X-men Origins: Wolverine review

X-men Origins: Wolverine review
Rating
Overall:

Have the reshoots and edits made Wolverine a better film? We find out...

Specs
Director: Gavin Hood Starring: Hugh Jackman, Danny Huston, Liev Schrieber

When a film is in trouble, there are telltale warning signs before it's even been released. There are last minute reshoots of key scenes, re-recording of dialogue, and editing of established sequences. You'll often see no or late viewings to critics, too, and in Wolverine's case, one can even argue that the early leak of a working cut was a brilliant piece of guerrilla marketing and research.

So, the question is... where does that leave the film on release?

Let's be honest up front - it's not nearly as good as X-Men 2. And, before you panic, it's not nearly as bad as X-Men 3 - thank the Gods! But that leaves it sitting in difficult territory alongside the first film in the series, a good enough exploration of characters that we know and love, but lacking in the heart and soul that made the second film such a great piece of storytelling.

However, you can also see the film that it could have been, and I get the feeling that the re-shoots and last minute work have actually saved the film, rather than presaged a clawed and savage disaster.

There's a lot of ground to cover in this film, and without giving too much away to neophytes or those wishing to avoid spoilers, we get to see Wolverine's life from a young age up to his recruitment by Colonel Stryker. And that's just the first ten minutes! It's a brash move, fitting in so much, and for some the brief glimpses of Civil War Wolverine or Wolverine storming the beaches on D-Day will be just that - all too brief! But it serves its purpose, and echoes the line from the first X-Men film:

"He has uncharted regenerative capabilities, enabling him to heal rapidly. It also makes his age impossible to determine. He could very well be older than you, Professor."

It also, for the comic book fans, ties in to the characters established origin story. Wolverine has indeed been around for some time.

Following the credits the film travels at break neck pace from mutant to mutant, introducing the likes of Deadpool, Agent Zero, The Blob and more. It's at once exhilarating and annoying, as we never really get to know any of them, apart from Dominic Monaghan's Bolt, who gets a bit more screen time and, consequently, a bit more pathos. It's also about then that we get intimations of the main plot of the film, as Stryker starts building the pieces for his Weapon program.

Gavin Hood directs with workmanlike skill, but it's in the quieter moments where you feel the lack of Bryan Singer's more humanist touch. There's no real central relationship for the film to hang off - Wolverine and Sabretooth don't have a bond, so much as they represent the two sides of controlling one's inner beast. Certainly, there's no set up to match the triangle between Cyclops, Jean Grey and Wolverine that anchored X-Men 2 so solidly. It's that lack which is almost what hurts the film the most, but the real issue is simple.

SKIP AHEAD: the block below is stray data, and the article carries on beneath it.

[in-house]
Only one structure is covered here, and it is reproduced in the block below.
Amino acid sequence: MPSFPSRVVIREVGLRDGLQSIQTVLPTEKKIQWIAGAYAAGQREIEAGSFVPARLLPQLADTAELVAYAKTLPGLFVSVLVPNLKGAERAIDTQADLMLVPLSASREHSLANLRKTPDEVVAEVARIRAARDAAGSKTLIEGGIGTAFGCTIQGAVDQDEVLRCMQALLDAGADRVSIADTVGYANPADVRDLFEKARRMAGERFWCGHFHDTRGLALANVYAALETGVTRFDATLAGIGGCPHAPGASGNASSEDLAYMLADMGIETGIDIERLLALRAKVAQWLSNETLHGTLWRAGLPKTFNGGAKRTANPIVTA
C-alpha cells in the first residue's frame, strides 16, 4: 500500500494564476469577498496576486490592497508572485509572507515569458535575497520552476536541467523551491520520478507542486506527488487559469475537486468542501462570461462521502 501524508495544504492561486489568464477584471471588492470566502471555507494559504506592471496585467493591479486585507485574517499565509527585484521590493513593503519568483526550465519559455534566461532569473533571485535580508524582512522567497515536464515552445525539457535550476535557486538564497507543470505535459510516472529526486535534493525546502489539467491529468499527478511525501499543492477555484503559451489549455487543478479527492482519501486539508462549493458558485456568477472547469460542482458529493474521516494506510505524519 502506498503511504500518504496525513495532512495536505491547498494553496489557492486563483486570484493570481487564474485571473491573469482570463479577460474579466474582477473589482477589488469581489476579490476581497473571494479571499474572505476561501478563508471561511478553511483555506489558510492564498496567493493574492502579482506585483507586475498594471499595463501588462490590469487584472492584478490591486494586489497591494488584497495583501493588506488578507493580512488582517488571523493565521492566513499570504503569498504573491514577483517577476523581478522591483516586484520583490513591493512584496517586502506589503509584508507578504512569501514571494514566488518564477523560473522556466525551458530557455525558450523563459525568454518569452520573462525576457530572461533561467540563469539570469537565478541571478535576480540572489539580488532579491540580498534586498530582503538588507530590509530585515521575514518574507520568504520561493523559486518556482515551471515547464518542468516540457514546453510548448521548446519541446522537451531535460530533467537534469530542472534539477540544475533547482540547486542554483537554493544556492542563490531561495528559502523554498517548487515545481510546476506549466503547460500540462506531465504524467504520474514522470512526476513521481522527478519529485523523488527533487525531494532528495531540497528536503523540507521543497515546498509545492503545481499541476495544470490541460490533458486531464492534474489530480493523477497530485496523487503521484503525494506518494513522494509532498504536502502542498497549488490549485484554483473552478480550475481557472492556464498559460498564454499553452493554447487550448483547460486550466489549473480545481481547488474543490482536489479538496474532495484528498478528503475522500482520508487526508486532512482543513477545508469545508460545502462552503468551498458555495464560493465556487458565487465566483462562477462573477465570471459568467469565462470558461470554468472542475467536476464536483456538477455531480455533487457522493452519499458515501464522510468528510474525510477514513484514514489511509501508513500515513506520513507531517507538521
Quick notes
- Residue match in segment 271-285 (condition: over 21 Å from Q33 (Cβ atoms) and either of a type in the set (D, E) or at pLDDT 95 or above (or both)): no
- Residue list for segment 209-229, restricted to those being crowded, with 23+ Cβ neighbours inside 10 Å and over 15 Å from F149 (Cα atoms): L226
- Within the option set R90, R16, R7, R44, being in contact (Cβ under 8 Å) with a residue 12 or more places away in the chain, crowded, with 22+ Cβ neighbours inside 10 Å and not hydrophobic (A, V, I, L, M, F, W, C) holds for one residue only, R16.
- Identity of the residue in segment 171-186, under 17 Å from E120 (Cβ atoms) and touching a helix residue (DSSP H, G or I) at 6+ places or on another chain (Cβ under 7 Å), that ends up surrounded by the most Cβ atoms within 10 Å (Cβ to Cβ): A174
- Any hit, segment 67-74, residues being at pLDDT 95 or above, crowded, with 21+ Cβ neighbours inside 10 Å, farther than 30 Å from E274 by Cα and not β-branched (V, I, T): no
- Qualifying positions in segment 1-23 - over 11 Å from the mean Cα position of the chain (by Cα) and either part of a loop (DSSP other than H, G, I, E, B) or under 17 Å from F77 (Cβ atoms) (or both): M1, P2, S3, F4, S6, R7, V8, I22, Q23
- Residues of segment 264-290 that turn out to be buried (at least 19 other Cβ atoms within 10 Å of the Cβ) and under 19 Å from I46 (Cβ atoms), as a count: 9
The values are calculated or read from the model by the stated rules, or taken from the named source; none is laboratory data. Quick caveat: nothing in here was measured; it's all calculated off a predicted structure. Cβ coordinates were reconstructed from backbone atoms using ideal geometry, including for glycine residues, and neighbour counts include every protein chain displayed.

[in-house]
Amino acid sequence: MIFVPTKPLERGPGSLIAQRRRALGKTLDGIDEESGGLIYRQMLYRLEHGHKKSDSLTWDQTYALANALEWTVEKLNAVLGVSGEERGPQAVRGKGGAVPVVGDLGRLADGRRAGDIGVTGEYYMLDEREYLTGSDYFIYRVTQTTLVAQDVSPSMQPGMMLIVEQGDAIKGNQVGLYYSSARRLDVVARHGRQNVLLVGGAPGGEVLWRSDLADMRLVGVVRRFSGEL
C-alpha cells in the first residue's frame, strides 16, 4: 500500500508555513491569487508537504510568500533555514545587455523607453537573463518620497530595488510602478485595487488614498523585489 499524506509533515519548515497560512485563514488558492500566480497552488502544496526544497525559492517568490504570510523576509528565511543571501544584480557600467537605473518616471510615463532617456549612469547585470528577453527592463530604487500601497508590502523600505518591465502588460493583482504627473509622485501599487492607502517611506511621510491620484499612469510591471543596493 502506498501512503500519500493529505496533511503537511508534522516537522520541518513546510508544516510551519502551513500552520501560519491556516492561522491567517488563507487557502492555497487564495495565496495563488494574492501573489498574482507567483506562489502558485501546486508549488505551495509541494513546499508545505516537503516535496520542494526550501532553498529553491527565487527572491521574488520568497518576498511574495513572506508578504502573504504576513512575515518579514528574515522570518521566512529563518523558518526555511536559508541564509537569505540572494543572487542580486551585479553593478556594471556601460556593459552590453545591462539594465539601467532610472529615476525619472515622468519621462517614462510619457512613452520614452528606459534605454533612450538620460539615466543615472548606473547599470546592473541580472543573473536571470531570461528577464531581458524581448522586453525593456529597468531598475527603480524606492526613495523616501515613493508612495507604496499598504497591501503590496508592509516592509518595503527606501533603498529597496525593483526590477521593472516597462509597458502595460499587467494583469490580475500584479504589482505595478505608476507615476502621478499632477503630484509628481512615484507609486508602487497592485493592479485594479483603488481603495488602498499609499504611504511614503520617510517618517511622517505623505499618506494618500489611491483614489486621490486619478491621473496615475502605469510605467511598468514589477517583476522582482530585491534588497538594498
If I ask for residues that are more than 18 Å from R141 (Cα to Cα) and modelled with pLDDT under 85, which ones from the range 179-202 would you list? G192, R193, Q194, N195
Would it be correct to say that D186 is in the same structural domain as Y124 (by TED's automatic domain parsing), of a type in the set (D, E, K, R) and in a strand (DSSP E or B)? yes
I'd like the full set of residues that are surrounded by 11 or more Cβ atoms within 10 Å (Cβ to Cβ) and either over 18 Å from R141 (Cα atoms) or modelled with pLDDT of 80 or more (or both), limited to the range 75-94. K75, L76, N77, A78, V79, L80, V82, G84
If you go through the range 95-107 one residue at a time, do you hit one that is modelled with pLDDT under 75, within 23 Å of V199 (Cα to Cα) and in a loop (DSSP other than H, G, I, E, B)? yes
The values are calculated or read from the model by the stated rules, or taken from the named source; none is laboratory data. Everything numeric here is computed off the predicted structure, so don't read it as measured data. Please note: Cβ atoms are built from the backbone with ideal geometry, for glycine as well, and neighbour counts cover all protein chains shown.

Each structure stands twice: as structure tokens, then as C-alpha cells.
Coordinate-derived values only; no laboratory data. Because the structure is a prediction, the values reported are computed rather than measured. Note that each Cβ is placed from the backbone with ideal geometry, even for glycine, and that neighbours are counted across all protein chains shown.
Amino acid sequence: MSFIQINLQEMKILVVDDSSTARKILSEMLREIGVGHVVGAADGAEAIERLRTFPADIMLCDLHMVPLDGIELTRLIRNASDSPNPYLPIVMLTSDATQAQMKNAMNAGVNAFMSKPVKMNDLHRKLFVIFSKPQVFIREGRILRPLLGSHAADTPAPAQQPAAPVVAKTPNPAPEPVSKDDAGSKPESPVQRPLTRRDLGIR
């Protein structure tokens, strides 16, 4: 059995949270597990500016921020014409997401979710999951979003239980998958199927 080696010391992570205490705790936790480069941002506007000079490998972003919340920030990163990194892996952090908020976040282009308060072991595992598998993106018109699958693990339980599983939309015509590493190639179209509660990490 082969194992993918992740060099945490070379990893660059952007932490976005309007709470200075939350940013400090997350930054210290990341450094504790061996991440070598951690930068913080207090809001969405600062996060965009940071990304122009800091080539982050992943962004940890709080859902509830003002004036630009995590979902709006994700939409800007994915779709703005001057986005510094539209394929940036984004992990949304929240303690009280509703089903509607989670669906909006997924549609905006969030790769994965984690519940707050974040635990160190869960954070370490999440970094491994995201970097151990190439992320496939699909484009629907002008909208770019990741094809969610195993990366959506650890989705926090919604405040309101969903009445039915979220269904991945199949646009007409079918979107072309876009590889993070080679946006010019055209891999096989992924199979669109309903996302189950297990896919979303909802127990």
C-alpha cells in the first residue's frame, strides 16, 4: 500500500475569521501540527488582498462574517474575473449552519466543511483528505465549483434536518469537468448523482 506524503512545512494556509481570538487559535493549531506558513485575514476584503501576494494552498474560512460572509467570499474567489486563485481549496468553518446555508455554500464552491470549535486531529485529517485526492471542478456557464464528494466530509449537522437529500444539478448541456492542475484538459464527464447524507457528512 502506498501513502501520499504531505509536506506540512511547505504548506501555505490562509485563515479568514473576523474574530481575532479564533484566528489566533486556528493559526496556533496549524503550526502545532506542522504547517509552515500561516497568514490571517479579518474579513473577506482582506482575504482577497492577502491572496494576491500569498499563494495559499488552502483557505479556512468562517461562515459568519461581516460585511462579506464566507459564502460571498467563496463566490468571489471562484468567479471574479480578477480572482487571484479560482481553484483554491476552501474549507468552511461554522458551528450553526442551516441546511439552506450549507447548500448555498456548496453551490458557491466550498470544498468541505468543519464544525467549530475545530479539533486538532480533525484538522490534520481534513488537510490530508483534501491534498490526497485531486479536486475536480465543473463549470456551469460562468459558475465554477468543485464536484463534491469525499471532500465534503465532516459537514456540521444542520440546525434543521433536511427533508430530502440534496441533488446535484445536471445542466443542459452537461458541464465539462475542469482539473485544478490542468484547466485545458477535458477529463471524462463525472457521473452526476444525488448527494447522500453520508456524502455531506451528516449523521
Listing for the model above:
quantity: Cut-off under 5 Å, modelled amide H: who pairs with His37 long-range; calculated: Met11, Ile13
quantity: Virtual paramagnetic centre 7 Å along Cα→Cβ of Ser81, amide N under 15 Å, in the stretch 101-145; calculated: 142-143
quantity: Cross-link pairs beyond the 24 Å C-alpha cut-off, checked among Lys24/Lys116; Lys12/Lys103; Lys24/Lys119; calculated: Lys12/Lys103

We know how it ends.

It's the same issue that hampered the Star Wars prequels - we know Darth turns. In that instance, if we could have been made to care about Anakin, the movies would have made for grand Shakespearean tragedy. Similarly, we never quite get close enough to Wolverine to care that he's about to lose everything he knows. Hugh Jackman is still a superlative casting choice, but the overwhelming feeling is that without the pathos of Wolverine's quest to discover his past, the character lacks a certain depth.

Our final niggle is that the film is simply too bloodless. In aiming for a PG-13 rating the film loses a lot; whenever Wolverine stabs someone with his bared claws and they appear bloodless moments later, it's hard not to feel robbed.

Still, it's a romp of a film, with some great set piece action scenes, some brilliant makeup effects (trust me, The Blob is... ew!), and fine performances from Jackman, Danny Huston as Stryker (played so well by Brian Cox in the second film), and especially Liev Schrieber as Sabretooth, who's psychopathy and menace is a pleasure to watch. And I must admit a soft spot for Ryan Reynolds' Deadpool, who is wonderfully snarky.

Looking back over this review, I feel I'm sounding harsher than I'd like. The movie does suffer in comparison to other great Marvel efforts - and those comparisons are impossible to avoid - but it is an enjoyable film nonetheless. In many ways it's not Wolverine's origin story that matters, but rather the overall place the film has in X-Men's tapestry - we learn so much more about mutants and the plots against them: the clash that the first two films set up so well and that the third squandered forever.

So it's worth seeing, without doubt, but go in without too many expectations. At the very least, Wolverine puts the X-Men franchise back on track. Hopefully Magneto's origin story can bring back the human element that Wolverine lacks.

See more about:  xmen  |  origins  |  wolverine  |  marvel  |  superheroes
 
 

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